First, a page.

Last year Ta-Nehesi Coates wrote a lengthy and moving piece in the Atlantic on “A Case For Reparations.”  His essay was powerful and worth reading, but in the end I suspect he falls into the trap of oversimplification.  In a follow up article he wrote, “There is massive, overwhelming evidence for the proposition that white supremacy is the only thing wrong with black people.” That is to say, the black community is not responsible for any of its problems.  Coates is not alone in that kind of simplistic approach. There are plenty of white conservatives that would suggest the opposite, that whites aren’t responsible for anything wrong in the black community either. The cops are the problem. Blacks are the problem. A or B. Choose.  What is worse,  both groups are at risk of viewing even factual statements made by the other side with suspicion.  If you accuse the police of racism you must hate law and justice. If you suggest that the black community has an internal epidemic of violence, you must not care about police brutality. Either you are a black racist or a white racist.

I believe that the reality is far more complex, and it will only be when both sides acknowledge their contribution to the current mess that we have any hope of finding a solution. When someone points the finger instead of accepting responsibility, they loose credibility in the discussion and undermine any motivation to deal with their own problems.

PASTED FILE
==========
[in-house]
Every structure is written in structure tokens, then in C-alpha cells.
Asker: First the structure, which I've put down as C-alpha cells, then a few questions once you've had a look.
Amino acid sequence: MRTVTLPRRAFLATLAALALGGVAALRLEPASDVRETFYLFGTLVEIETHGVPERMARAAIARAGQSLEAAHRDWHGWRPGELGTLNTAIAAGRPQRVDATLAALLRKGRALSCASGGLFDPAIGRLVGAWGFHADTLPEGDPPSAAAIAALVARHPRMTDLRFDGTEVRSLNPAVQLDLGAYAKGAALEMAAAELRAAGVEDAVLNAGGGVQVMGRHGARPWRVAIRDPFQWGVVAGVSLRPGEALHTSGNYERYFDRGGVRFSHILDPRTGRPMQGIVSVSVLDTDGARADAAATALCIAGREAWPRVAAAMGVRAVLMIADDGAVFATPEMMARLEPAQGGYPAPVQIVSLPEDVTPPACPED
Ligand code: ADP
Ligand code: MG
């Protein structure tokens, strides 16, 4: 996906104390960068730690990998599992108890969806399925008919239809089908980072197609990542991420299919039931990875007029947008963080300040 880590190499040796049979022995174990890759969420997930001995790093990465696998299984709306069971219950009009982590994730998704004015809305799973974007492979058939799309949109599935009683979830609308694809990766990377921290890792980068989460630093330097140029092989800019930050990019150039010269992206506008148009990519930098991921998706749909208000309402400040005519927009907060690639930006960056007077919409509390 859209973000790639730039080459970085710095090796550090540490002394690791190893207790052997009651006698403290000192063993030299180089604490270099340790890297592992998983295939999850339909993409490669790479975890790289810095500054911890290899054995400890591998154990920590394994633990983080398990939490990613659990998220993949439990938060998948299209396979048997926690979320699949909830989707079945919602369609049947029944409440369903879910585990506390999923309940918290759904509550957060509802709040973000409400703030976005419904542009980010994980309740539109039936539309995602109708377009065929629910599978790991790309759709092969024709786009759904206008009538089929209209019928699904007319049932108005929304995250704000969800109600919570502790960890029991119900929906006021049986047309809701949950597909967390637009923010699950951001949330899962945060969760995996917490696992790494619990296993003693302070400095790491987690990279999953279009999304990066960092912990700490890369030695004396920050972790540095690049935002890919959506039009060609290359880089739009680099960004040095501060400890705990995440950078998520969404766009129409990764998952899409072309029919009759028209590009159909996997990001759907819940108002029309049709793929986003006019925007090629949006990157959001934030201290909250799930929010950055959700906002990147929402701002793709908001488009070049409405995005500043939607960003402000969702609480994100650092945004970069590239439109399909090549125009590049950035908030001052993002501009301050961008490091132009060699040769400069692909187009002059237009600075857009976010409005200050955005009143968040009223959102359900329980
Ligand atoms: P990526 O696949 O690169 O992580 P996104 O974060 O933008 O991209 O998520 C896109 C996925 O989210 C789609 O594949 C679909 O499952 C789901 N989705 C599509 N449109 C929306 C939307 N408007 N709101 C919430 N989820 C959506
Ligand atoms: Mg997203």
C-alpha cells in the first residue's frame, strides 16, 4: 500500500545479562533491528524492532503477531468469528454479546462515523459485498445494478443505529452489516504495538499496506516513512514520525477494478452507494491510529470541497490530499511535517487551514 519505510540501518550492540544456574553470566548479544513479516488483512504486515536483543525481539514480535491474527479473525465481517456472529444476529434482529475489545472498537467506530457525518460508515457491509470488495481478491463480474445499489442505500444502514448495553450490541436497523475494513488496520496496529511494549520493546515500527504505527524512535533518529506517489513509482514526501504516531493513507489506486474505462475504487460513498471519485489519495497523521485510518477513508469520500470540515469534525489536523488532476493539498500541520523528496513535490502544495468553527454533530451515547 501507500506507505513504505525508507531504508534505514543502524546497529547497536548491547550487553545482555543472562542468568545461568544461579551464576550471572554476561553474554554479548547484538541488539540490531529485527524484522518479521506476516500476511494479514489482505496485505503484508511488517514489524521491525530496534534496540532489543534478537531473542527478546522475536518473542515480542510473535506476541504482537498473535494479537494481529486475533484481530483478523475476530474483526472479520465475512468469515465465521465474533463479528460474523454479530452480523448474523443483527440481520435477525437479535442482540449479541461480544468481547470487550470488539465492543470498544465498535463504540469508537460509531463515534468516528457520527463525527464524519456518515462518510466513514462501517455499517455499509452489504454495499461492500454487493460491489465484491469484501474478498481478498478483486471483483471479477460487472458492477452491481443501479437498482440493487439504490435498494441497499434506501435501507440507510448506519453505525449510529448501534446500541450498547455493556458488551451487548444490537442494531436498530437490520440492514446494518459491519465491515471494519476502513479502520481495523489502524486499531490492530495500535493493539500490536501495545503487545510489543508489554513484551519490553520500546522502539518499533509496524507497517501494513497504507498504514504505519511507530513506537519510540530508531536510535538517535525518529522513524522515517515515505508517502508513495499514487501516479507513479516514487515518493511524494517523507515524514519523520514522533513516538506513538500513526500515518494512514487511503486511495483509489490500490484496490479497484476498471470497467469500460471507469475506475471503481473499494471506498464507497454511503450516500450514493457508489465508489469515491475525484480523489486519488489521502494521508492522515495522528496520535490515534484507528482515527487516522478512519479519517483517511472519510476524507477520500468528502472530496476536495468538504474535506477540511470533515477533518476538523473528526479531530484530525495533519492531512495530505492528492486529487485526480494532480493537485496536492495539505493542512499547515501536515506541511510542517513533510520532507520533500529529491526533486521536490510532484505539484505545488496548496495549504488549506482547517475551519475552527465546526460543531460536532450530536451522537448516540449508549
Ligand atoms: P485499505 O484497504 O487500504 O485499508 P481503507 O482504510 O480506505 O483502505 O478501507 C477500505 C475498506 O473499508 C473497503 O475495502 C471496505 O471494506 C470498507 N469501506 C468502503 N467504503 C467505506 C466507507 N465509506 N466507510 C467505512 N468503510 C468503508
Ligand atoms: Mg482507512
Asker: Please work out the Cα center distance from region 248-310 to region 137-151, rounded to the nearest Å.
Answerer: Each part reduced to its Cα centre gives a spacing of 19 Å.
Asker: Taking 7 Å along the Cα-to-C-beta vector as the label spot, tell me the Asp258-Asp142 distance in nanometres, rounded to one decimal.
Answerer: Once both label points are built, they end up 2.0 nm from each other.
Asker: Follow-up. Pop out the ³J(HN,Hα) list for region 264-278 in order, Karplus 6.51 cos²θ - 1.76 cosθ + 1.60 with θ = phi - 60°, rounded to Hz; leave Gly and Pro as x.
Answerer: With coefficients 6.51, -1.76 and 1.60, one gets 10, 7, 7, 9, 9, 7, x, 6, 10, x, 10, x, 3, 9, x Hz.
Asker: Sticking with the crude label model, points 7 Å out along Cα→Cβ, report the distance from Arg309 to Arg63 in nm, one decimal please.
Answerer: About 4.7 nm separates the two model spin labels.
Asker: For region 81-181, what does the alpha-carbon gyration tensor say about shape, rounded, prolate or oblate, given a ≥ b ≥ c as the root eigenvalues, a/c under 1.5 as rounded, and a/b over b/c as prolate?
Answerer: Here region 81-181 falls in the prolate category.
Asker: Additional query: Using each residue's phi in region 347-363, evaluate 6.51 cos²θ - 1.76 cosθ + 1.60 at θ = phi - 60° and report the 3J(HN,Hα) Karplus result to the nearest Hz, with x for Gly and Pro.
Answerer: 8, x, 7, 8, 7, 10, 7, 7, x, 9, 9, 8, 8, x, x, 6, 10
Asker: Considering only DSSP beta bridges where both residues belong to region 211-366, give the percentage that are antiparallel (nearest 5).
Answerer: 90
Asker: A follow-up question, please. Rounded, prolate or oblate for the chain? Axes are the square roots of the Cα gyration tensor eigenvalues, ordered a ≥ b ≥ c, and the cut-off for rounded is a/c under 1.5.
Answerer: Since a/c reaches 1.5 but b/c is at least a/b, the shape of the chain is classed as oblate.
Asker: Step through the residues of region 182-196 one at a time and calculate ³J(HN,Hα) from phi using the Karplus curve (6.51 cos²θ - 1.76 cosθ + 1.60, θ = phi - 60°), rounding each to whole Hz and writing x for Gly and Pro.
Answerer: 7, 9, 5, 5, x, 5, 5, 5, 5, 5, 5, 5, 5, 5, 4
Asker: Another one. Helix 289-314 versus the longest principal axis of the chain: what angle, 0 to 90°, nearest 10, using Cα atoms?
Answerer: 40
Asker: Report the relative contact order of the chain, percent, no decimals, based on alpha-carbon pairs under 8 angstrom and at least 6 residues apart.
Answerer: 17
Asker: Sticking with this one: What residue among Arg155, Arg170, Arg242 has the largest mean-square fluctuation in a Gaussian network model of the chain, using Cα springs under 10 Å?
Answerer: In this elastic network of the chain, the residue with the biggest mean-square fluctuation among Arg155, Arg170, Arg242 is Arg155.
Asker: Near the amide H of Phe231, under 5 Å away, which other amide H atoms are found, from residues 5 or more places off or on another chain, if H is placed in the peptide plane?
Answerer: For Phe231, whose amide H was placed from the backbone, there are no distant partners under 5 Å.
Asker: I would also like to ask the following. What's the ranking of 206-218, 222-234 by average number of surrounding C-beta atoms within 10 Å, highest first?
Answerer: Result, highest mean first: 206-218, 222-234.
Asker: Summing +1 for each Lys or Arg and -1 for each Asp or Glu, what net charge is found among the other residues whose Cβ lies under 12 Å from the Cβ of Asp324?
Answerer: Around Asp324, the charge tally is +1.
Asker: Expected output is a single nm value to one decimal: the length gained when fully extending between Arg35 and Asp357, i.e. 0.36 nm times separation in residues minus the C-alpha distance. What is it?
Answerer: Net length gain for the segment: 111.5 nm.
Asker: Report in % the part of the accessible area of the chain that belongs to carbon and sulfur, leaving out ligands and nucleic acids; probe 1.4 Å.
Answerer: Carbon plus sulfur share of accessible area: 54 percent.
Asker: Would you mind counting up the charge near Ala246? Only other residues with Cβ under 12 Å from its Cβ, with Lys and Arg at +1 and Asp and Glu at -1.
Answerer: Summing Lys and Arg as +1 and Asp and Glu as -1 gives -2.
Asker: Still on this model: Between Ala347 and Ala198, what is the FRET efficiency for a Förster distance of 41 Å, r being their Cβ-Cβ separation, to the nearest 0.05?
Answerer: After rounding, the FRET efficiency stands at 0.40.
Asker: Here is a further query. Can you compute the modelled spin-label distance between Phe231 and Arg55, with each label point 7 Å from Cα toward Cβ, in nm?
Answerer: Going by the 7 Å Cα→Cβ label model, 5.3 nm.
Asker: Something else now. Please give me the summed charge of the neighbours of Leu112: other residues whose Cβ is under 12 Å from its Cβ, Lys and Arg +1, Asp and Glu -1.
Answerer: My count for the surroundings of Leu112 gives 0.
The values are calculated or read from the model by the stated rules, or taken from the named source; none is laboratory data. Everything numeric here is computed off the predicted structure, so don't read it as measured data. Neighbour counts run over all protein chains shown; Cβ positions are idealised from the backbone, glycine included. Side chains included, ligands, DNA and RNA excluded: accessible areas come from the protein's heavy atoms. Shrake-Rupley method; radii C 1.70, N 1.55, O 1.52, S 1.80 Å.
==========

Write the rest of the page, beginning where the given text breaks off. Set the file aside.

Edward Conlon makes a good point, there were 2 reports released after Ferguson, and we need to read them both to get a clear picture.

“In March, Attorney General Eric Holder released two reports on Ferguson. One covered in great detail the shooting death of Michael Brown by Officer Darren Wilson; the other described the broader patterns of policing in the city. Partisans have tended to choose one report or the other to support their reading of events.

“No, Brown wasn’t shot in the back while attempting to surrender to a white cop, nor was he shot for jaywalking. He had just robbed a store, and he had punched Officer Wilson in the face and tried to steal his gun. In the wake of Brown’s death, Ferguson burned because people believed a lie; because many still believe it, cops have been shot there, and the threat of riot remains.